On Wednesday, January 11, we had two school visits. The first school we visited was called The Convent of Mercy Academy, 'Alpha.' It used to be a private Catholic school, but after their funds were not enough, the government took over and now is labeled a public Catholic school. We started off the school visit with a tour of the campus by senior students. It is an all female school with only the teachers being co-ed (but mostly dominated by females). During our tour, we had the opportunity to interact with of the students, and experience their way of interacting with their teachers and other students.
During our tour, one of the many things that amazed me was the legend of the Pui tree. The students said that when the tree blooms for the first time and you've been studying for exams, you will be fine, but if the tree blooms the second time and you have still not started studying for finals, you will fail. The students and teachers follow the cycle of the tree and abide by its signs. I asked if it was effective and they said yes.
Each of the Luther students was given a chance to sit in on a class and observe the teacher's style of teaching and the student's style of learning. Sarah Grabe and I got to observe the Chemistry (9th grade) class. Then, Shantell Heins, Ashley Johnson, and I observed the French (8th grade) class.
We were able to see the conditions of the classrooms, which in our case was very bad. The small classrooms were clustered with around 40 students per class. The noise level was very high, you could hear the students from the neighboring classes Overall, the girls got along just fine, and were very friendly to us as we got there.
The second school visited that day was Kingston College. Their saying was: "The brave may fall, but never yield." This school is an all male school with a majority of female teachers. This school was a bit different from Alpha. Kingston classrooms were very nice, their was enough space for students and teachers to interact and walk around in class, and they had lots of school materials in class for their use. Since our Jterm class is women dominated, we were very well treated in the all-male school. From the schools we've visited, teachers showed dominance over the students. Also, for both schools visited, students were involved in many clubs which they earned badges for. Overall, the visit at Kingston college was an interesting experience.
On Thursday, January 12, we visited two primary schools. This day was, by far, the best visit day for most of us because we got to interact with little kids. The first school we visited was Meadowbrook Prep which is a private school. The teachers and students are both co-ed. For this school, we did not see much clusteredness, but it was present a tiny bit. The classrooms were very nice with ceiling fans, tiled floors, glass windows, and spotless walls (which surprises me with kids at this age). We had so much fun touring around the campus (which was very small) and also sitting in on one of their class periods observing the teacher and the students.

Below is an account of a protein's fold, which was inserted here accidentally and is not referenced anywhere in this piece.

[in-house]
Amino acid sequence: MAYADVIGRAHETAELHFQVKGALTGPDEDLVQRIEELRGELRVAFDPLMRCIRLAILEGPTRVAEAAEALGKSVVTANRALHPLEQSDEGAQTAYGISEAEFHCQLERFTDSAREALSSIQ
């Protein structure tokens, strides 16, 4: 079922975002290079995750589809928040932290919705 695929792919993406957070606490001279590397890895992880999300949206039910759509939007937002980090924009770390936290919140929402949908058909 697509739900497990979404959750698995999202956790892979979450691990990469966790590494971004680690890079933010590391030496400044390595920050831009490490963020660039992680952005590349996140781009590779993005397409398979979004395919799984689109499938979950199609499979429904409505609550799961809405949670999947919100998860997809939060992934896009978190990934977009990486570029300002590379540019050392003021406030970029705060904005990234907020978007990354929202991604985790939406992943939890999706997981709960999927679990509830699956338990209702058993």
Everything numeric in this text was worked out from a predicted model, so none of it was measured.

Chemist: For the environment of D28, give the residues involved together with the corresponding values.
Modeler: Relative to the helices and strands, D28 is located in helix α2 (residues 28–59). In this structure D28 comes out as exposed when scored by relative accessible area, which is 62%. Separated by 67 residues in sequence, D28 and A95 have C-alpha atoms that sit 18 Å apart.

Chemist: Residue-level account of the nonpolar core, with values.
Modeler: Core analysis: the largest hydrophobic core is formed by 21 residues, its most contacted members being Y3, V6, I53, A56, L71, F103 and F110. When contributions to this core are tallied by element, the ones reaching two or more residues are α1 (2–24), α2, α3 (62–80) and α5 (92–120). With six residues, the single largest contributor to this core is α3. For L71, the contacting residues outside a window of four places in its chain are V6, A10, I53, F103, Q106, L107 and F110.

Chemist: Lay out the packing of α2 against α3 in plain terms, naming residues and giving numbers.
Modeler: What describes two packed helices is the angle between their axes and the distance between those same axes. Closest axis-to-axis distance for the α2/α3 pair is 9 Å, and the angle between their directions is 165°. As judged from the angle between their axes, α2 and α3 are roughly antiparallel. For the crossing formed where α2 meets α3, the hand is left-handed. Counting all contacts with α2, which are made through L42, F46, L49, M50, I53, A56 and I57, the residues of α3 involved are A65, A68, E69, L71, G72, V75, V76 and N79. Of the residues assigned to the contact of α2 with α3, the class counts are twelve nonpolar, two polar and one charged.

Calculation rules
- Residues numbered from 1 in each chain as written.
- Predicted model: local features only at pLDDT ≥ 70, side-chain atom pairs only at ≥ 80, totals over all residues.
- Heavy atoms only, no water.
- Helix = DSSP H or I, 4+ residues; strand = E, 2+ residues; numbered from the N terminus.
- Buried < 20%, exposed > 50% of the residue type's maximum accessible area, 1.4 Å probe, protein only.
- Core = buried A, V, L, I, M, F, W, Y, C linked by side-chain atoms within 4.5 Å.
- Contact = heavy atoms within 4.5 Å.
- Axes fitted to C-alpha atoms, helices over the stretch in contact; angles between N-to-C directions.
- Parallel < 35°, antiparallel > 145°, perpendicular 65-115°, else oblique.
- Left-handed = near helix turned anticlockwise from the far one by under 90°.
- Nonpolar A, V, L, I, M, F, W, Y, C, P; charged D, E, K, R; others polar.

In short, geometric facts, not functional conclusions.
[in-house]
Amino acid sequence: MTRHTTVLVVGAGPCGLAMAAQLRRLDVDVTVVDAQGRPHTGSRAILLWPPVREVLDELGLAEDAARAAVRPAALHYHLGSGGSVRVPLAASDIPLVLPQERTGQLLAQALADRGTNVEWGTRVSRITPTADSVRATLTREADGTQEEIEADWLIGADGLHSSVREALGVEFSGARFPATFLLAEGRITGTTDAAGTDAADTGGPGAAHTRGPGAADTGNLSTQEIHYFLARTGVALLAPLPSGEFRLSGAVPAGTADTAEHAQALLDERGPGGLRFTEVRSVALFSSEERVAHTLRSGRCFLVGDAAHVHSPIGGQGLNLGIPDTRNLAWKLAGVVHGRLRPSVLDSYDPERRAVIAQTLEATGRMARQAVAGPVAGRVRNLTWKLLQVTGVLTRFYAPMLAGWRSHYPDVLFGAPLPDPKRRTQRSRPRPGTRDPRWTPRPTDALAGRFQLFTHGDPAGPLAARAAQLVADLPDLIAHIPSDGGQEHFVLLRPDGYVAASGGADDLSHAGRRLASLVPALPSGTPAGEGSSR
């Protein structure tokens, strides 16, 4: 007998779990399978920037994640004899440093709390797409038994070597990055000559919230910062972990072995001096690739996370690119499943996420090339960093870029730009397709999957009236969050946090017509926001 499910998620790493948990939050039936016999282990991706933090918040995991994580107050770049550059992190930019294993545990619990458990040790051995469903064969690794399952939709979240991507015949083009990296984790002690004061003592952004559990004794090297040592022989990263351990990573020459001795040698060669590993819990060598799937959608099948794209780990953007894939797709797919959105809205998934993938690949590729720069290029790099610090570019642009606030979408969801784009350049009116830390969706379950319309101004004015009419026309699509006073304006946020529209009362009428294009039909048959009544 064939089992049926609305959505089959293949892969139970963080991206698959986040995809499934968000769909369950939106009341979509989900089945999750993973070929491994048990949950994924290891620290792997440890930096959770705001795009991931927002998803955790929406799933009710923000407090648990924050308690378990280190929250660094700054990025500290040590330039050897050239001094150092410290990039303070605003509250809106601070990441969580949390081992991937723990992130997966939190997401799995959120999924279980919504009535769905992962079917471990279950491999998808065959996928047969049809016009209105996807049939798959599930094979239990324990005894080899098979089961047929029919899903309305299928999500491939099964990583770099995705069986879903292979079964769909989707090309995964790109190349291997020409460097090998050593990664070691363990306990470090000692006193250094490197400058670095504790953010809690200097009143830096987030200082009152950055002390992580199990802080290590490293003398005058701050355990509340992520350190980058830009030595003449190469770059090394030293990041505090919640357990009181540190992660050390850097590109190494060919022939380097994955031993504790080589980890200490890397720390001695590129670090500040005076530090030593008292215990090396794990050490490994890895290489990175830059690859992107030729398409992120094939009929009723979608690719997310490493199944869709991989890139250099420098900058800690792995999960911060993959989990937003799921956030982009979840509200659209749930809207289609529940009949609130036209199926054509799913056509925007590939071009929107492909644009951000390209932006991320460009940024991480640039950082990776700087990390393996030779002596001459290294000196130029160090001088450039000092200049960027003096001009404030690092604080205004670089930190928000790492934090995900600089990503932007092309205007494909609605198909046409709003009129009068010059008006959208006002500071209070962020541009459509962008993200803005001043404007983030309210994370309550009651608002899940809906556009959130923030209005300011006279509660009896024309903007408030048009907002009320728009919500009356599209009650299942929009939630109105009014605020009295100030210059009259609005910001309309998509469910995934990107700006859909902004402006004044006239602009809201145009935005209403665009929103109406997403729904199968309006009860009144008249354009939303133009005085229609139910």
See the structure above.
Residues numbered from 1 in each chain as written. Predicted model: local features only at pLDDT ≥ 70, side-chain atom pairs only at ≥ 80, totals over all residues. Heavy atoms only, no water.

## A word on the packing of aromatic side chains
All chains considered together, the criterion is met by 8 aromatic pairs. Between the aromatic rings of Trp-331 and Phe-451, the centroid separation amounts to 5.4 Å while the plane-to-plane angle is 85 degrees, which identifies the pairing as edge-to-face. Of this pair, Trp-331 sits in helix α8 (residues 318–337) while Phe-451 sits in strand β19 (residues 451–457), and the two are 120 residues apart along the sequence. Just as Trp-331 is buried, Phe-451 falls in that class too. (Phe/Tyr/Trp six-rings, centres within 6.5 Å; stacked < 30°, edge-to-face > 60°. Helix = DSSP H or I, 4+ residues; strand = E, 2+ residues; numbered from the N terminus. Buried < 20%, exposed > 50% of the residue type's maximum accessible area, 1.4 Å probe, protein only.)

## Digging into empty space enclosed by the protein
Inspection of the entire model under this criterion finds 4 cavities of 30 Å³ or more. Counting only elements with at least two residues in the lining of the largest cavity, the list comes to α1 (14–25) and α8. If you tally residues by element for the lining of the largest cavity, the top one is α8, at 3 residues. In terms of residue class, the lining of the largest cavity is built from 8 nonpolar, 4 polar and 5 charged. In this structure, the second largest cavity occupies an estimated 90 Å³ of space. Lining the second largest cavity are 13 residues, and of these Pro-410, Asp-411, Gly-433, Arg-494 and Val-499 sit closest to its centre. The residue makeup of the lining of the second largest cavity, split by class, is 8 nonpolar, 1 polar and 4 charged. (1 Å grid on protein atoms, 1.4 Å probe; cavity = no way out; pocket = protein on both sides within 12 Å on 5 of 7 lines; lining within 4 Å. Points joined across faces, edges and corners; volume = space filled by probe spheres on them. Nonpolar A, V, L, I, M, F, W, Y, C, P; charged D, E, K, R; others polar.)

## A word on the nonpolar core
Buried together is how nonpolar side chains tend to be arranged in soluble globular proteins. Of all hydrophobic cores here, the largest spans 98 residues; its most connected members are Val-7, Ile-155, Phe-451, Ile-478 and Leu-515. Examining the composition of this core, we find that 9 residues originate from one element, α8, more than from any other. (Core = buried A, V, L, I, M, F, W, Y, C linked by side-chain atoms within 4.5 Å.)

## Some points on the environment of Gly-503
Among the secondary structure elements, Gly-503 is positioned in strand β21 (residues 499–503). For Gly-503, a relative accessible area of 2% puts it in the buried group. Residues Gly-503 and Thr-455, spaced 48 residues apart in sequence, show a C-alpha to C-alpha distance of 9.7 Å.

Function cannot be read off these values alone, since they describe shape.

For this school in particular, there was lots of student participation. An interesting fact about this school is that the student body was male dominated -- The first one I've experienced in my life. The class that Olivia Toal and I sat in for was the first-grade class. It was a blast listening to them participate in class and interact with each other.
The second school visited this day was Mona Heights Primary. It is known as one of the biggest primary schools in Jamaica. It is a co-ed public school with around 1,250 students. The size of students for each class is around 50. The principal was very friendly and welcoming to their school. Although this tour was shorter than the others by an hour difference, we did enjoy the experience.
In this primary school every student and teacher are given an individual tablet for class usage, since they use ebooks, and all classrooms have smart boards and the whole campus has wifi. These are things that most U.S. schools do not have, and having the opportunity to observe this on the island of Jamaica, surprised me and everyone else in my class, plus professors. Although the classrooms were in terrific conditions, they were very cluttered and noisy. Overall, it was a great experience to have visited both schools because we were able to see the similarities and differences in each Jamaican school and also compared it to the U.S. schools. Until my next post!